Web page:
"Thy way was in the sea,
And thy paths in the great waters,
And thy footsteps were not known.
Thou leddest thy people like a flock.
By the hand of Moses and Aaron"
What a strange juxtaposition of similes! It would be difficult to have a greater contrast than is presented in these two verses – the pilot through the sea, and the shepherd with his flock. The sea in a rage and an uproar, the tempest and the storm – and, right alongside of it, the shepherd and his flock. One a picture of unrest, disturbance, anxiety, stress, mighty forces in action; the other of tranquillity, restfulness, calm. What a contrast! – and yet brought together in one statement as to what the Lord is to His people – a pilot, a shepherd.
You need to read the whole psalm to get the full value of that. The first part of the psalm is a record of distress, perplexity, bewilderment, a crying out in trouble, reaching the agony of "Hath God forgotten to be gracious?" "Is his lovingkindness clean gone for ever?" – questions about the Lord. And then the writer recollects and says, "This is my infirmity… I will remember the years of the right hand of the Most High"; and the whole tone changes. Recollection and review, as to how it all worked out in the long run, brings reassurance, leading finally to this summary at the end. And yet it is only an introduction – because undoubtedly the last two verses of this psalm are an introduction to the next one, that great historic record of the Lord's dealings with His people – Psalm 78. What a long psalm it is, recounting the movements of the Lord's people and the Lord's guidance and dealings with them. The psalmist has worked up to that in this way. With all there is here for most helpful, encouraging, reassuring meditation, we can at the present time only look at the gist of the matter.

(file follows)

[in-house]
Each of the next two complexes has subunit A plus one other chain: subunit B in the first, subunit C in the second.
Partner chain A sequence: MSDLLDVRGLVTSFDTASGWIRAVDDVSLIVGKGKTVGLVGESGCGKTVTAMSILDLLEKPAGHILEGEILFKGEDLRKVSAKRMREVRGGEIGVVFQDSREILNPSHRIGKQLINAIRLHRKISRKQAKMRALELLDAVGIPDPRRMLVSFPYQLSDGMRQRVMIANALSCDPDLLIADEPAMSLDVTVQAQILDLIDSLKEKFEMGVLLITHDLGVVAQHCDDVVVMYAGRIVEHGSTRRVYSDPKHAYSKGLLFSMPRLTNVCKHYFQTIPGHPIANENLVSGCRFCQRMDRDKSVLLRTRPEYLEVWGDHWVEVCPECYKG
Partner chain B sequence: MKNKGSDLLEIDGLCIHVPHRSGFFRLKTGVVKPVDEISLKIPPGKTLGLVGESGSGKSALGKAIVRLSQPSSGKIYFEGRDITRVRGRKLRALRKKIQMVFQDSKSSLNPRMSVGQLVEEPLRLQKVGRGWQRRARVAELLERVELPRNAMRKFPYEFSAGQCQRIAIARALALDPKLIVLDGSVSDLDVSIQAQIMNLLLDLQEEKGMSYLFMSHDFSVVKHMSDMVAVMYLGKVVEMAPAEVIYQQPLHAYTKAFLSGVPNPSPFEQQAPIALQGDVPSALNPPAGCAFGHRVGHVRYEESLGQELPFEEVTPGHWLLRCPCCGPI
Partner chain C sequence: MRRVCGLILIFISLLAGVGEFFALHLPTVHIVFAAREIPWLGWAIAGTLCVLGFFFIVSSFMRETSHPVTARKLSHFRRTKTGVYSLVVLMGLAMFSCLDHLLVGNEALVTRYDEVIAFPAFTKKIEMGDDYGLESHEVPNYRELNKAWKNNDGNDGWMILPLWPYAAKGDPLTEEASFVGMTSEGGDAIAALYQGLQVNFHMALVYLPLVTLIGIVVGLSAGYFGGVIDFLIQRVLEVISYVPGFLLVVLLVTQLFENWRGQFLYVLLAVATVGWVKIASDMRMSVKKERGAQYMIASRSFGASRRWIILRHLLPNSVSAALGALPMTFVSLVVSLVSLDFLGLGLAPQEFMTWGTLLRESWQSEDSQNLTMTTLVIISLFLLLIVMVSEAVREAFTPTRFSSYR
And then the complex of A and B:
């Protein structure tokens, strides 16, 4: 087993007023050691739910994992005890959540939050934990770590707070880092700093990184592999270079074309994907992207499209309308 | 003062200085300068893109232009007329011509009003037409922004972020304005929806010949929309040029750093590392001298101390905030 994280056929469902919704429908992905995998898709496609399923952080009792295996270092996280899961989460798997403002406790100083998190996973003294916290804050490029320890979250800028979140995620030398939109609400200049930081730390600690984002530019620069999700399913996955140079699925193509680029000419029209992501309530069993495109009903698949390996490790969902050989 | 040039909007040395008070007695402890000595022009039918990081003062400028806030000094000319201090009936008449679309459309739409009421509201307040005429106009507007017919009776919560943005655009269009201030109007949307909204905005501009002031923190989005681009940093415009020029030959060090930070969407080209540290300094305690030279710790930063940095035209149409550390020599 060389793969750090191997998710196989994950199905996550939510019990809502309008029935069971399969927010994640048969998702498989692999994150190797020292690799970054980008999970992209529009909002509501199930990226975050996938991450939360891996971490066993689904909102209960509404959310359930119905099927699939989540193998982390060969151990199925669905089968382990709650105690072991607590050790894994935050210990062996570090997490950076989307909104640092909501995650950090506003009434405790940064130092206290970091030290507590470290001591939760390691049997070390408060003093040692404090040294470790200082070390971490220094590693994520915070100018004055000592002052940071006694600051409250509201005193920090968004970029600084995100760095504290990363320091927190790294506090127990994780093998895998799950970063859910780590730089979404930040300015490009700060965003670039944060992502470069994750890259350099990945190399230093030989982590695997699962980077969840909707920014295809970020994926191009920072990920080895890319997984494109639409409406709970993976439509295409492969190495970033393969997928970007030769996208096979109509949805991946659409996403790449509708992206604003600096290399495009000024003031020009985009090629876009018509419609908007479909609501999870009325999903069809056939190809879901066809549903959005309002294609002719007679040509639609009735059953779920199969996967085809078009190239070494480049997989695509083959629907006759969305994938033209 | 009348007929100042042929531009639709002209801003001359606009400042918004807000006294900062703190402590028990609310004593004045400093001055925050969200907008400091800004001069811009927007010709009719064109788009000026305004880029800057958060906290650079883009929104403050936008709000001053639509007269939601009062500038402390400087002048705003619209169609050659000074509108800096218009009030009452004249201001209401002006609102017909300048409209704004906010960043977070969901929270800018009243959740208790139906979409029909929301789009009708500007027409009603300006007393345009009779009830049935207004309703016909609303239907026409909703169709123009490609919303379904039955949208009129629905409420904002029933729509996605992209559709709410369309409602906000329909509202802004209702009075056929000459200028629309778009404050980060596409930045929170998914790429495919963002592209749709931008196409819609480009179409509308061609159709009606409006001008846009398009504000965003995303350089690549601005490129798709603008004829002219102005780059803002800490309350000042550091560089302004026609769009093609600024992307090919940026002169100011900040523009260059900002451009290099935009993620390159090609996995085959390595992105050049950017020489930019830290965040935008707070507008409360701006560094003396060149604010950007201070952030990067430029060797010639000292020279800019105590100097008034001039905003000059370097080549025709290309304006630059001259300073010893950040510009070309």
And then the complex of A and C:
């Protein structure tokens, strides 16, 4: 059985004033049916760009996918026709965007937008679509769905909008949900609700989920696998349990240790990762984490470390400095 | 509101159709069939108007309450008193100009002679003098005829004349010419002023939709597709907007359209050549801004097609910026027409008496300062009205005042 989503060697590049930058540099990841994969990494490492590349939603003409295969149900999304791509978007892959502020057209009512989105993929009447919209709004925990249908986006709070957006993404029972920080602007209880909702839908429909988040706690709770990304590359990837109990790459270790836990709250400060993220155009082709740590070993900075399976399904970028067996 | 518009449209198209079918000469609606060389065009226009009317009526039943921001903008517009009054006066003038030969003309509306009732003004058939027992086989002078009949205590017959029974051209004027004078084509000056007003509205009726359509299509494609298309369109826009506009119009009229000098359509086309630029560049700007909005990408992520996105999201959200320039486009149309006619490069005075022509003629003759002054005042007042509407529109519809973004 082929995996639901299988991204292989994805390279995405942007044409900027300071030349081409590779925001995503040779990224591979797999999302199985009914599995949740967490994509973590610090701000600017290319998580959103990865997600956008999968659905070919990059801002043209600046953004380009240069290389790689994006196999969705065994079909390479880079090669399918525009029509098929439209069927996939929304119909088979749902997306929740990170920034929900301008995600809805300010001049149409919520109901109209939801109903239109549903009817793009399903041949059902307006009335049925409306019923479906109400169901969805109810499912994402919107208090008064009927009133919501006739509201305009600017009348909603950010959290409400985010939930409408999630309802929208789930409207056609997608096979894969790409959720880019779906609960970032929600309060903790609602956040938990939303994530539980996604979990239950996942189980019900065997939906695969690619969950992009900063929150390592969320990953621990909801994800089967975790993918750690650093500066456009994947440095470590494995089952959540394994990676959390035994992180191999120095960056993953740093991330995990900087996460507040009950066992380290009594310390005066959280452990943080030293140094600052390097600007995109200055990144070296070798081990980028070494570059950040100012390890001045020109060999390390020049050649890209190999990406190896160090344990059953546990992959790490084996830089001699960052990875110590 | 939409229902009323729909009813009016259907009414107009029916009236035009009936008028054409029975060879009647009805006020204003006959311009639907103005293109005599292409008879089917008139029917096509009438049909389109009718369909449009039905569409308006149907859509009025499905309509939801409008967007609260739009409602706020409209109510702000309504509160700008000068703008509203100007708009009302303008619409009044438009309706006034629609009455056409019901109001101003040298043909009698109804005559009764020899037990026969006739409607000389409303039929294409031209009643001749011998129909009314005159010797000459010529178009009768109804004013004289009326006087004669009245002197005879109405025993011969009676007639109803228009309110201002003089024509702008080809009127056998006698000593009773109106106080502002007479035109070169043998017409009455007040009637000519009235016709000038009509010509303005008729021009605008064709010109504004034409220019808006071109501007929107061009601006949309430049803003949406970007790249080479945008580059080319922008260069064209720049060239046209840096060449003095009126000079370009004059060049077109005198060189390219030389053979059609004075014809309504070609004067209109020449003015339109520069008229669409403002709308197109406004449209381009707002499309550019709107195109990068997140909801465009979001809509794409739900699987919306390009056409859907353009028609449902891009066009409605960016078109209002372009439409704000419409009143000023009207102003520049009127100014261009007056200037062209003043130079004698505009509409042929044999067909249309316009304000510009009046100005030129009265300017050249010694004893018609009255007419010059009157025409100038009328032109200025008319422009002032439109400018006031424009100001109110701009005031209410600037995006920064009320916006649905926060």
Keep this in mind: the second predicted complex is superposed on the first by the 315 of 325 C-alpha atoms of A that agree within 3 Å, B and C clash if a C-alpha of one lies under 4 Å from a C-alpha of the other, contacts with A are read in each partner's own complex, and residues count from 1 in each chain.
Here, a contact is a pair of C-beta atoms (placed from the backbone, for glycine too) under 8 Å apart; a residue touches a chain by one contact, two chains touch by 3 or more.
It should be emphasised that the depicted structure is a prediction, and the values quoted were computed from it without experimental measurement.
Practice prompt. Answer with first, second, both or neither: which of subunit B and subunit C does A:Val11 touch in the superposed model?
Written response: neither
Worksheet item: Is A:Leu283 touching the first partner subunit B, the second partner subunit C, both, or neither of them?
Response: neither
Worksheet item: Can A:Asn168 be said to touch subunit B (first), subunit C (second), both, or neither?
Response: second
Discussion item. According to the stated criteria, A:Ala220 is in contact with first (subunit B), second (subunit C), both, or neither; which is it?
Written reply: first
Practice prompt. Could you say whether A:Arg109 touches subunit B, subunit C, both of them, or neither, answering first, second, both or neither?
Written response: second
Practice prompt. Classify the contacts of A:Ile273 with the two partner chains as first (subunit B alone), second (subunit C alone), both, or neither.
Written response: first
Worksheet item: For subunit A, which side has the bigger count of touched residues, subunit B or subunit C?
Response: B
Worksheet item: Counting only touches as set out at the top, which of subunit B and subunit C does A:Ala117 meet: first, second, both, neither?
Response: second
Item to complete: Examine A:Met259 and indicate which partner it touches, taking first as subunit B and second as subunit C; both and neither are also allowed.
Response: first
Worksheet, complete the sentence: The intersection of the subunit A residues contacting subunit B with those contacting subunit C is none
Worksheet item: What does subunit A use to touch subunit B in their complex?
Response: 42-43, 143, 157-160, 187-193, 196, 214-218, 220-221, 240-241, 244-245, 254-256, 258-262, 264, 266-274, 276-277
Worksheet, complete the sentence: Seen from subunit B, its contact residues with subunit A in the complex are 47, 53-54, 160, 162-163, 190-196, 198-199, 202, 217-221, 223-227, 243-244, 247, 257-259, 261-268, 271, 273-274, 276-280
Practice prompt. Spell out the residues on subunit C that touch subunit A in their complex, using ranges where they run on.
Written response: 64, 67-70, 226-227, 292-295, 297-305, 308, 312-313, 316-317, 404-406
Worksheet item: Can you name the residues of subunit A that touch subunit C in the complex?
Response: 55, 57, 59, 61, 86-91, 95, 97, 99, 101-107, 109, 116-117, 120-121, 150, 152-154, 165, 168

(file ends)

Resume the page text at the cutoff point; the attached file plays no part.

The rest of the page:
I am going to change the metaphor again, from the pilot through the storm, and the shepherd with his flock, to the mountaineer. There are three peaks which every child of God has to master – peaks that are suggested by this psalm. We are not really qualified for the service of the Lord, nor for life itself in relation to the Lord, until we have mastered these three peaks. They will challenge us; they may challenge us again and again; but somehow or other we have got to be the masters of them and they have got to be things that have lost their terror for us, have lost their dread, have lost that which makes them for us things that defeat and weaken.
Divine Purpose Governing All
The first of these peaks which arises out of this psalm so clearly is Divine purpose governing all. You know how this mountain presented itself to Israel at the beginning of their history. When the psalmist refers to 'His way in the sea' and 'His paths in great waters', what is he talking about? Undoubtedly about the Red Sea as it confronted them. What a terror, what a dread there was that night! We may picture how the East wind howled and the water lashed. What a dread that sea was to the people – with what fear and trepidation did they approach its bank! The waters piled up as a wall on the left and the right served little to abate their terror. It was a terrible night, the passing through the Red Sea. It was, in a sense, a veritable mountain to be negotiated – and a mountain of, for them, terrible possibilities. But do you notice what the psalmist says? He says (Ps. 77:16) that these waters were – well, our translation does not give us the exact word. They were troubled, they were in anguish, they were groaning, and the original word which is used to describe the state of the waters suggests that they were in travail, the sea was in travail, and the nation was born in that sea that night. A nation was born in the Red Sea that night, and the waters were in anguish. It is a picture.